Tuesday, February 21, 2012

Second class citizens


This is one of those show-stoppers that people drag out in discussions, a phrase that wins the day merely by being spoken. Like "separate but equal".  Or in a pinch, "Jim Crow."

As a matter of fact, I am in favor of different classes of citizens. The mania for levelling everyone is, well, a mania. One of the great weaknesses of the Enlightenment was that its devotion to reason turned out to be vulnerable to huge levels of abstraction. I more and more regret Jefferson's "all men are created equal." He might have said more defensibly, if far less elegantly, "all men are created with equal right to life, liberty and property, and the pursuit of happiness." But, brilliant Founding Father though he was, he was a Francophile and given to moods of rhetorical excess.

Our Constitution still enshrines second-class citizenship, actually mandates it. When some people wanted Austrian-born Arnold Schwarzenegger to run for President, calls were made, of course, to erase the discriminatory clause which, barely concealing its xenophobia,  limits this office to natural-born citizens. In our age of global blah-blah, how can this antique requirement, blah blah, which insults our immigrant fellow-citizens and new arrivals, blah-blah, depriving us, blah-blah.

Our nation's capital has long been deprived of a full voice in Congress. And is it an accident that Washington "Chocolate City" DC is more than half Black...I mean African-American? To say nothing of all the mostly People of Color felons deprived of the vote for life.

And then there is a group of folks, not negligible especially here in the People's Republik of Laputa By The Bay, who find the restriction of voting rights to citizens to be "discriminatory". (You can smell the racism.) Do you remember the calls for a "global voice" in the selection of the US Prez during ourlast elections, on the grounds that since we have so much influence, it's only fair to let the "world community" which holds us in so much contempt take part...and possibly correct our bad choices.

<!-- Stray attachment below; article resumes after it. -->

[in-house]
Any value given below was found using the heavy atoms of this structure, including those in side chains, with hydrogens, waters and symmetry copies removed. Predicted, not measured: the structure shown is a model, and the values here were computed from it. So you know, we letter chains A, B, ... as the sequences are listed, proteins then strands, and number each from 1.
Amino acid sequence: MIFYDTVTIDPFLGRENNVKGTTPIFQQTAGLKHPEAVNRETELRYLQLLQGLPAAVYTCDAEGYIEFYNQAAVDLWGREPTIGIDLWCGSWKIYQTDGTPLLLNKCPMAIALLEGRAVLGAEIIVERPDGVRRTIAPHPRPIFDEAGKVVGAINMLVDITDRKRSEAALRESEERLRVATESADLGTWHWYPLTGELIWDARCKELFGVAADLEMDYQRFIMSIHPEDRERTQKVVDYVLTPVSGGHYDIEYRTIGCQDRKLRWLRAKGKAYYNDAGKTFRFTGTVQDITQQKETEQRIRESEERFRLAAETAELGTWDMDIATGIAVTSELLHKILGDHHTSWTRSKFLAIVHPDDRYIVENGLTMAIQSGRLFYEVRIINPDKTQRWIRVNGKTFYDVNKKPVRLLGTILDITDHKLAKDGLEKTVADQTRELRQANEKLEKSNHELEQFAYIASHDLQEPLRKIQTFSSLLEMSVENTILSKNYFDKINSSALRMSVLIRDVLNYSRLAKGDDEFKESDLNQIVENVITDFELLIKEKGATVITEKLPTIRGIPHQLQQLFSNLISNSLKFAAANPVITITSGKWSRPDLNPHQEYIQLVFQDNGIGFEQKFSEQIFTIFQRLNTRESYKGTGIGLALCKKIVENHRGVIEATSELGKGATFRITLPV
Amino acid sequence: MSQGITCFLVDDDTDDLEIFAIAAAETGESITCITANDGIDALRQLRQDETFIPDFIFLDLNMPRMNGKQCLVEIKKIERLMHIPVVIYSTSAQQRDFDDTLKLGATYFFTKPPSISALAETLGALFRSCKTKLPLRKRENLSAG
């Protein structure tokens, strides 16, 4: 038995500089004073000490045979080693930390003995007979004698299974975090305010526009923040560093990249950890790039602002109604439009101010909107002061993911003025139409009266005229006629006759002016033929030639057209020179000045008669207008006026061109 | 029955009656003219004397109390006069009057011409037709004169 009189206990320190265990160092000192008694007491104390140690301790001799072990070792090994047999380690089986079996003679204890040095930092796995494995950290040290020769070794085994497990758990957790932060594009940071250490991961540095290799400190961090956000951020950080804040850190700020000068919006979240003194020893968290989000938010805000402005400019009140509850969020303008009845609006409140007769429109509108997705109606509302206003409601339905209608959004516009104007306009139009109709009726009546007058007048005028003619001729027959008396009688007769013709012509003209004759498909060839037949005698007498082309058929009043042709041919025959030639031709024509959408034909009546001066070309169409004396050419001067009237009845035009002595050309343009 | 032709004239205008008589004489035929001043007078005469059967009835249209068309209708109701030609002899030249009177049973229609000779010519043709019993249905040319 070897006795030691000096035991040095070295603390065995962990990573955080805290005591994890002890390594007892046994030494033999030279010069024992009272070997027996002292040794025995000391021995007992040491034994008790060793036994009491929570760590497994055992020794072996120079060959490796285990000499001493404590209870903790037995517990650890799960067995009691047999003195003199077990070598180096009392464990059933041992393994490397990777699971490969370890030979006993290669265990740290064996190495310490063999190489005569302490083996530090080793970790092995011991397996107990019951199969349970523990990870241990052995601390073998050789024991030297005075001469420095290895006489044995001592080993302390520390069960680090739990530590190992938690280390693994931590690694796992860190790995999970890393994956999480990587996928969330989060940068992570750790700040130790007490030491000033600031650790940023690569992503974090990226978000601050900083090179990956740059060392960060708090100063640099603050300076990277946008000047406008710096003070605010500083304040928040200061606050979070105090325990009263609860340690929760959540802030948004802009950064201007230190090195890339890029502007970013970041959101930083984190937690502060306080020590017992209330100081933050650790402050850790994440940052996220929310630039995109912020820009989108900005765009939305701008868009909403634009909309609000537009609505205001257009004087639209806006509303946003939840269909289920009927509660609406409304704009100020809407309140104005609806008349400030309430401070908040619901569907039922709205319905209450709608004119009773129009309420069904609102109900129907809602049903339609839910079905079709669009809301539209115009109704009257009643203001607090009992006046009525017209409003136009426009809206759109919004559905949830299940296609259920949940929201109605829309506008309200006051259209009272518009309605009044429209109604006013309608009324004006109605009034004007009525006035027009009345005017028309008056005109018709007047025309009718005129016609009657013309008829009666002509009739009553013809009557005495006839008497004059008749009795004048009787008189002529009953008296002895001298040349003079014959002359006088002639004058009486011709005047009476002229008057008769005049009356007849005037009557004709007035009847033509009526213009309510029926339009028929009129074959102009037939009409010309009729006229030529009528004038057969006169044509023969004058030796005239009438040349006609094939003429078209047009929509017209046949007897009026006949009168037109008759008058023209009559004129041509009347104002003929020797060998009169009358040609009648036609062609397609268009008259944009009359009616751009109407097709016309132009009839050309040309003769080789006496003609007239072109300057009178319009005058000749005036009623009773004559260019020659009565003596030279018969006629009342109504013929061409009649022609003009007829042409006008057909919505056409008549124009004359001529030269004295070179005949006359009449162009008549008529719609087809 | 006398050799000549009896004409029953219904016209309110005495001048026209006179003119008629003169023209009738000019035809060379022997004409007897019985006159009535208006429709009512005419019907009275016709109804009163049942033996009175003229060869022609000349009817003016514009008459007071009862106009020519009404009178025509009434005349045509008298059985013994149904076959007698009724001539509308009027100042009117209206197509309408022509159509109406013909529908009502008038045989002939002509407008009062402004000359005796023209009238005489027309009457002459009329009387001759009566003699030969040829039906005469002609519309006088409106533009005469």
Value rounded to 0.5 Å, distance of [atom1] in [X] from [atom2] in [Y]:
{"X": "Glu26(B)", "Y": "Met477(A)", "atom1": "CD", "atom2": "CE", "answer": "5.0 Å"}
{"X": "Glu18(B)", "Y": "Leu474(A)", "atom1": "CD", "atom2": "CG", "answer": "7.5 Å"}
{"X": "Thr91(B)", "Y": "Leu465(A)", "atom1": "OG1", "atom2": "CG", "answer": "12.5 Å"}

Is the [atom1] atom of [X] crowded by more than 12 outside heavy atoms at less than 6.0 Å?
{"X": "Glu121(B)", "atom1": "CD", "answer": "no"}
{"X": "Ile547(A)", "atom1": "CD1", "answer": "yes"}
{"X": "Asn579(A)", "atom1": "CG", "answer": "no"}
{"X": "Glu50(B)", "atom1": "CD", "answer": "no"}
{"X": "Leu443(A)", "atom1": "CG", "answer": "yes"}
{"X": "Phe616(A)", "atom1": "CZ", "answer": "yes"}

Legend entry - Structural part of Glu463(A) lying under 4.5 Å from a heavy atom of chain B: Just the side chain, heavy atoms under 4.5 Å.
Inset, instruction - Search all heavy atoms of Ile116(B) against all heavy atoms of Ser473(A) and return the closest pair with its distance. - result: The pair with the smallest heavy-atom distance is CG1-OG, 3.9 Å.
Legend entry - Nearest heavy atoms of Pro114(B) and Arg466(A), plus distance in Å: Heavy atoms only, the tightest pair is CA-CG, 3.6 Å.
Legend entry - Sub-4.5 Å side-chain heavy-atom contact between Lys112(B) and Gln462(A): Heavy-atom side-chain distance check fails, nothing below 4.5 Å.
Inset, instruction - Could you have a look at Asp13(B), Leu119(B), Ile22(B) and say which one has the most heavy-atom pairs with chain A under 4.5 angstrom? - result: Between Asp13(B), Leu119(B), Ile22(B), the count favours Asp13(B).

There's also the rank ageism. According to the Constitution, you have to be 35 to be President, 30 to be a Senator (and a citizen for at least 9 years) and 25 to be a Congressman. Sheer unconcealed arbitrary hatred for youth: ephebophobia, even pediaphobia. And people under 18 are cruelly restricted from voting across the board...an insult to our young people and our children, who, after all, are our future. And in many cases, innocence and hope still intact, they can see more clearly than so-called adults.

And I really wonder why folks get all bent out of shape about the Electoral College but hardly raise a whisper about the grotesque inequality of the bi-cameral Legislature. The House of Representatives is pretty representative, with seats apportioned by population. But then all that fake people-power gets erased by the ridiculous notion that each State gets 2 Senators, regardless of size. The practically empty state of Wyoming's 570,000 (86% White) citizens get an equal voice with (oh so diverse) California's 30 million --50+ times larger!--, or Texas' 27 million or New York's almost 20 million, etc. That system really renders massive numbers of Americans --racial and ethnic minorities especially--second-class, their voices diluted beyond recognition just to please some misguided 18th century obsession with "States".

So many second-class citizens.

I wish there were a lot more.


Anonymous said...

1. Maybe Jefferson should have said, "All men are created equal, and then use their unalienable freedoms to go equally wrong somehow."

2. The 1% aren't in this world to live up to the expectations of the 99%. And the 99% aren't in this world to live up to the expectations of the 1%. But if the 1% and the 99% could find each other it would be beautiful.

3. "A regime divided against itself cannot stand? That's the whole point! Weak politics, baby, weak politics! So don't rock the democratic Leviathan with accusations of white maelstrom privilege all over the place." Baron Montesquieu

P.S. "I never metanarrative I didn't like." Will Rogers Lyotard

Anonymous said...

»Whales and dolphins 'should have legal rights'
The Guardian - ‎Feb 20, 2012‎
Campaigners who believe that dolphins and whales should be granted rights on account of their intelligence are to push for the animals to be protected under international law. ...«

Call me Ishmael if you want, but my sense is that the whale and dolphin community is the proper global voice that the American judiciary should recognize as constitutionally entitled to control nominations for the American presidency.

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